“Do you know where the spermicide is?” my husband asked the middle-aged pharmacy employee, a woman with thick, frizzy dark hair who looked as if it was the first time she’d ever been asked that question. She took a few steps forward and stared at the store shelves, making small, frantic movements, looking puzzled. “It’s supposed to be right here,” she muttered as she sorted through the boxes of condoms and lube, while her co-worker, a scrawny kid of about 18, giggled uncontrollably. “What’s spermicide?” he had asked her just a moment ago, to my utter disbelief (I thought the name was pretty self-explanatory). I stood like a statue, hoping they would figure it out while I pretended I wasn’t having one of the most uncomfortable shopping experiences of my life.
My husband and I left the pharmacy empty-handed, though an online search would later reveal that we had been staring directly at the spermicide the whole time. I remembered seeing the purple box on the top shelf, though it didn’t say “spermicide” anywhere — the brand name was front and center, along with a line stating that it’s for the prevention of pregnancy — oh, and the words “contraceptive gel” were there, too, in teeny, tiny writing.
Thus began my months-long (and at times mortifying) journey toward finding, fitting, and using a diaphragm, one of the most archaic methods of birth control still in use.
My chosen method of birth control for the past eight years had been the pill. But in an attempt to curb the intense nausea I had begun feeling every morning of the first week of the pack, and to allow my body to return to producing hormones without interference, I decided to ditch hormonal contraceptive methods for the only noninvasive option outside of condoms: a diaphragm.
When I was in college, the diaphragm was the last thing I wanted to use. My mother suggested it when she learned I was on the pill. My reaction? Hell no. I did not want to be bothered with that mess. I said I’d consider it, thought I knew I wouldn’t.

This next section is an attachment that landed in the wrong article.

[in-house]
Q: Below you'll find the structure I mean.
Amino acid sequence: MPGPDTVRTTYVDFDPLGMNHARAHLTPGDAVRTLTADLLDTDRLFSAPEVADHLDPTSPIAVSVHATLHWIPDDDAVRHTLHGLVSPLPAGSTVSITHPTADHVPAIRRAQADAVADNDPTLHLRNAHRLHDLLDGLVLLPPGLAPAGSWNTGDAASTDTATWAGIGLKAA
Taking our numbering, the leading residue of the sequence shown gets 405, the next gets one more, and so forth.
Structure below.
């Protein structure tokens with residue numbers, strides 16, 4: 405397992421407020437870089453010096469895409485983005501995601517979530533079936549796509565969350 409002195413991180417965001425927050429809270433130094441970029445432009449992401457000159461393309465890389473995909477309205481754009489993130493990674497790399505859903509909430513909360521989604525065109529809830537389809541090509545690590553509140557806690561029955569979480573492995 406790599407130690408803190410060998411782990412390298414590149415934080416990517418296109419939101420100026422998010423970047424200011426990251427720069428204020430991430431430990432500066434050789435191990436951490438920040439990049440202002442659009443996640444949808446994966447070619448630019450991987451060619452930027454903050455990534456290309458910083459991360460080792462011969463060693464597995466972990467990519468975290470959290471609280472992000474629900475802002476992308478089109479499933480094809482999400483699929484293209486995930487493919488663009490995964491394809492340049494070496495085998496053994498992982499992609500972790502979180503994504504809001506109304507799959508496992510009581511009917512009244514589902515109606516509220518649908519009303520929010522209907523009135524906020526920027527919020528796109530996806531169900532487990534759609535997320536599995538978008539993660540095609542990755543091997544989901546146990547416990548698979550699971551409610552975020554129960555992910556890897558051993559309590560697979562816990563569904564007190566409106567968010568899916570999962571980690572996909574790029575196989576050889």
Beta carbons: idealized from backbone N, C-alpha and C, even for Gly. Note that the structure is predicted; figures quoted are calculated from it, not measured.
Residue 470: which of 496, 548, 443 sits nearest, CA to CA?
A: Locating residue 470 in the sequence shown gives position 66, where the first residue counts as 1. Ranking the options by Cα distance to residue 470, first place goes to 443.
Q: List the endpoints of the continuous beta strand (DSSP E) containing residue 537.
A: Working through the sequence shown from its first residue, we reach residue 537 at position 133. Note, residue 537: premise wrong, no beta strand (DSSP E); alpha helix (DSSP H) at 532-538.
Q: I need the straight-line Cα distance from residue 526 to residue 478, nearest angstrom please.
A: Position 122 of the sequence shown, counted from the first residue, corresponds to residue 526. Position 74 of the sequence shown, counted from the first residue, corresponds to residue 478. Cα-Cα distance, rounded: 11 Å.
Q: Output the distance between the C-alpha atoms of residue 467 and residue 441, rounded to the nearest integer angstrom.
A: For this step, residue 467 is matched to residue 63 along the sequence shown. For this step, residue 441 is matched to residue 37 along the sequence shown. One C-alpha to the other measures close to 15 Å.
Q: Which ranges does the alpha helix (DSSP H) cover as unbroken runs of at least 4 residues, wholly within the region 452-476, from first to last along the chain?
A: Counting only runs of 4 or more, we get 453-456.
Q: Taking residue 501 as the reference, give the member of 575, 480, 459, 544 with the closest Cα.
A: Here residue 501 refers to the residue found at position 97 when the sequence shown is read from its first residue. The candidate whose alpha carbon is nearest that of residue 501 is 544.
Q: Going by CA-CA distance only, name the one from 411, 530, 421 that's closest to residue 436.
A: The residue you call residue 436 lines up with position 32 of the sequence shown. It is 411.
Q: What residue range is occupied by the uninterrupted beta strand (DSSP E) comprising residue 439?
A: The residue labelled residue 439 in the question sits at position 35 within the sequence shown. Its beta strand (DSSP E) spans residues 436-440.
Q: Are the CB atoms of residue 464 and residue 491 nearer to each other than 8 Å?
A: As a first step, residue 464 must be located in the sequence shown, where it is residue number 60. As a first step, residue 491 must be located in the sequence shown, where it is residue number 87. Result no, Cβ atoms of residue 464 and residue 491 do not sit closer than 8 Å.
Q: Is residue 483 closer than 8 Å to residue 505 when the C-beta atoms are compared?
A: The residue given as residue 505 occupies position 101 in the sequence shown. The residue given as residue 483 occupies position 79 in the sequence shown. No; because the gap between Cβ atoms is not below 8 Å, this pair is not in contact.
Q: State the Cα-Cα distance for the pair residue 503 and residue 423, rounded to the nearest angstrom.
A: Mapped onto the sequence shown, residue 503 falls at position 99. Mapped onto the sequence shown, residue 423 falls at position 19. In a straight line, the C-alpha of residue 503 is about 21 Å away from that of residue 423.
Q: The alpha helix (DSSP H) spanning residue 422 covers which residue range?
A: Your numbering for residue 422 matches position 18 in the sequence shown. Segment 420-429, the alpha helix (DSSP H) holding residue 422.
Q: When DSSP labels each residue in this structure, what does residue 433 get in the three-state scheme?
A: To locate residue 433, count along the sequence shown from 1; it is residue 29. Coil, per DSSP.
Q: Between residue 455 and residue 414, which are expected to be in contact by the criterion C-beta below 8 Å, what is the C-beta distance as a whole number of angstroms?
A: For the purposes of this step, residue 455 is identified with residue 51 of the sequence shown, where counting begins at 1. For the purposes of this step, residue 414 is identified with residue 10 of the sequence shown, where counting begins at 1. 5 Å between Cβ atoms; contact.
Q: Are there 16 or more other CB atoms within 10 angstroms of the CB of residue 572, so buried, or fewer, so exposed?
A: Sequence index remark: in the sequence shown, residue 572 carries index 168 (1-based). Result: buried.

But now I’m at a different point in my life, I thought to myself one bright morning a few months ago while hugging the toilet bowl, maybe the diaphragm won’t be so bad after all.
Now that I had my own apartment with my own bathroom, a supportive husband, and the time and space to learn how to use the damn thing, I reasoned I should try. Plus, Carrie Bradshaw used a diaphragm on Sex and the City, so that’s kind of a plus (even if she’s the only television or movie character I’ve heard of who did).
I told my husband that I needed to get off the pill ASAP. After seeing what I’d been going through, he agreed.
Diaphragms have become nearly obsolete over the last few decades; few general practitioners fit or prescribe them, and a study from 2006–2010 found that only 3.1 percent of women in the U.S. have ever used a diaphragm, according to a National Health Statistics report from the Centers for Disease Control. That’s down from 1982, when 17 percent of women had used one.
The first birth-control pill in the U.S. was approved for contraceptive use in 1960, and the diaphragm’s steady decline ever since has been largely attributed to increased use of the pill. It’s not hard to see why — the latter is both more effective and, I’ll admit it, much more convenient. Pop a pill, and voilà! Who’d want to put up with the work of a diaphragm when the alternative is so easy?